Employers should focus on the abilities of people with Down’s Syndrome, it was argued.
Roy Perrett, who worked as a police control room manager for 40 years, has taken on a new role as liaison officer for Wiltshire’s WorkFit program, a program that helps people with Down’s syndrome find work-related activities .
Swindon’s Down’s Syndrome Group’s new employment manager now wants to encourage more companies to contact him so he can match candidates with their dream job.
Roy, 61, said: “It’s about giving people with Down syndrome a chance in life to achieve some of their goals and aspirations.
“Work gives you so much. It gives you the opportunity to build relationships with your colleagues, learn new skills, and can increase your self-esteem and value.
“People with Down’s syndrome have all kinds of dreams and aspirations, so I look for all types of businesses.
“For example, Todd now works as a scaffolding while Luke works for the police, so we want to find a variety of employers.”
Part of Roy’s inspiration to join the team was his experience with his brother. Craig, who died of pneumonia at the age of 54 in 2019, suffered from cerebral palsy.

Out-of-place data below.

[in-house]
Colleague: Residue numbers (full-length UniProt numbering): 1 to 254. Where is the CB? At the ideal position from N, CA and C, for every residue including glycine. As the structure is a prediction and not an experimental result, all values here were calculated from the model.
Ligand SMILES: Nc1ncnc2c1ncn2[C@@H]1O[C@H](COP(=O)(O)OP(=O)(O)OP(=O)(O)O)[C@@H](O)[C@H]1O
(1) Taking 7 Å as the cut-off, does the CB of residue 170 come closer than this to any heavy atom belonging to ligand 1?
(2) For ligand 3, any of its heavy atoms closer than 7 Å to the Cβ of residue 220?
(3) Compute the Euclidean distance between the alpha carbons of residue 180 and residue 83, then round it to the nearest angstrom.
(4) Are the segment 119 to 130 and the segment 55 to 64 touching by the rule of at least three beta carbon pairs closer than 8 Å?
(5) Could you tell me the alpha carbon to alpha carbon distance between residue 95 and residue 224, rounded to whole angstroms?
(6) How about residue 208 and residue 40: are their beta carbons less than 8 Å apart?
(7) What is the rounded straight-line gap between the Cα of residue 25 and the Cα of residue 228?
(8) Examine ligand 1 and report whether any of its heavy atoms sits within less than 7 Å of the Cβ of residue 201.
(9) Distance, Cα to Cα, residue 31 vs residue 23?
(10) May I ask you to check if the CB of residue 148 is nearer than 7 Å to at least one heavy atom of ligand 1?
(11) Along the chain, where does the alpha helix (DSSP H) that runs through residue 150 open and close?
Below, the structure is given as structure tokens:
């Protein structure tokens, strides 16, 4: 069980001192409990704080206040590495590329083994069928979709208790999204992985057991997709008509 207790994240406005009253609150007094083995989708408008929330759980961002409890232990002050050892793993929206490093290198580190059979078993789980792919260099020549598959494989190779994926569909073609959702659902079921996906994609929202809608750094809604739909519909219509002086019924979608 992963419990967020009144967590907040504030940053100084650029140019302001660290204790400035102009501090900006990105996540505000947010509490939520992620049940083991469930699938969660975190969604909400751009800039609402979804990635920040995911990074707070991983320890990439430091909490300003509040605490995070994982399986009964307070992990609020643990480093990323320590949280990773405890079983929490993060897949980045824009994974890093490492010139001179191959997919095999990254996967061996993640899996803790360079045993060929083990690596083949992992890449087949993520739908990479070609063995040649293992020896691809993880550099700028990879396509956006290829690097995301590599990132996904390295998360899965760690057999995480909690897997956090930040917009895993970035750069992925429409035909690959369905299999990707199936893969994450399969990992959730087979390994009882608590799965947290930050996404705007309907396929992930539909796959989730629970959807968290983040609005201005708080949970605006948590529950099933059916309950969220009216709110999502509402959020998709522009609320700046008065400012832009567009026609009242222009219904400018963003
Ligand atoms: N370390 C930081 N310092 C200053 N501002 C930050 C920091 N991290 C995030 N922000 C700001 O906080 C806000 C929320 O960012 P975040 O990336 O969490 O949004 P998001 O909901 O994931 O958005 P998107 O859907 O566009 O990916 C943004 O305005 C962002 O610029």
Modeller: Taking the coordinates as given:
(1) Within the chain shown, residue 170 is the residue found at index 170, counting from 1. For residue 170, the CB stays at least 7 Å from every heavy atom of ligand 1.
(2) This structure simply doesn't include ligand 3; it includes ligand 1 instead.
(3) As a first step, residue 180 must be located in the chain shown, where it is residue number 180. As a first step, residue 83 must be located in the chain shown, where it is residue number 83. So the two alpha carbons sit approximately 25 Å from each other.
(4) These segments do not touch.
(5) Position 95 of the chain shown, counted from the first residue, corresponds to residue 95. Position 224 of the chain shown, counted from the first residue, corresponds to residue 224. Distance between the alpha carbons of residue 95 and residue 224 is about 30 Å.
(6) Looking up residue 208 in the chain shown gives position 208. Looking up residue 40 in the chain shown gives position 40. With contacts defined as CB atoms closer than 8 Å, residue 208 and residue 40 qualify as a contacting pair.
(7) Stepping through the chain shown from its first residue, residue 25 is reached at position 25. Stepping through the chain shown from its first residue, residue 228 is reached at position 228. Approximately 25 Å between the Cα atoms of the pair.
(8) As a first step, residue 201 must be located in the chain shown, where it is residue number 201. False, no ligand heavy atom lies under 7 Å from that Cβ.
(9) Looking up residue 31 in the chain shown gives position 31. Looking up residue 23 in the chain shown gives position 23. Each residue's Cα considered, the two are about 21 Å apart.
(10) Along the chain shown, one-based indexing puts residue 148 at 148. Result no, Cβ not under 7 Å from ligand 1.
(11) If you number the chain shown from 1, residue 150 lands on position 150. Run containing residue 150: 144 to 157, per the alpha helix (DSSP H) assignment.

Roy added: “It was an absolute joy and such an inspiration.
“Most of the time he was suffering from his disability and it was overwhelming, but he had so much ability.
“My family and I focused on what he could do instead of what he couldn’t.
“I thought I could do this for people with Down’s syndrome, recognizing their skills and promoting them.
“They have a lot of abilities and we all have to focus on those because they have a lot to offer.”
Roy was already involved in the WorkFit program when he worked for the Wiltshire Police.
He helped Luke find his dream job while working for the police. Luke first started out as a volunteer, but is now working on a permanent paid contract as administrator of the Wiltshire Police Crime and Communications Center.
Roy first got involved when he attended a coffee morning with Swindon Down’s Syndrome Group and felt saddened by the obstacles candidates said they faced.
He said: “It was really quite sad but also very frustrating and I couldn’t understand why it was so difficult for them to get down to work.
“Wiltshire Police want to represent the community they serve by making the staff more diverse. The force is open to hiring anyone.”
Roy’s new role at SDSG is to support both employers and potential candidates throughout the process.
Jobs can be paid, volunteering, work experience and internships.
Only 5.1 percent of people with a learning disability are employed, but over 90 percent of WorkFit candidates are still employed one year after starting.
An online employer event for those interested in learning more about WorkFit will be held on March 3.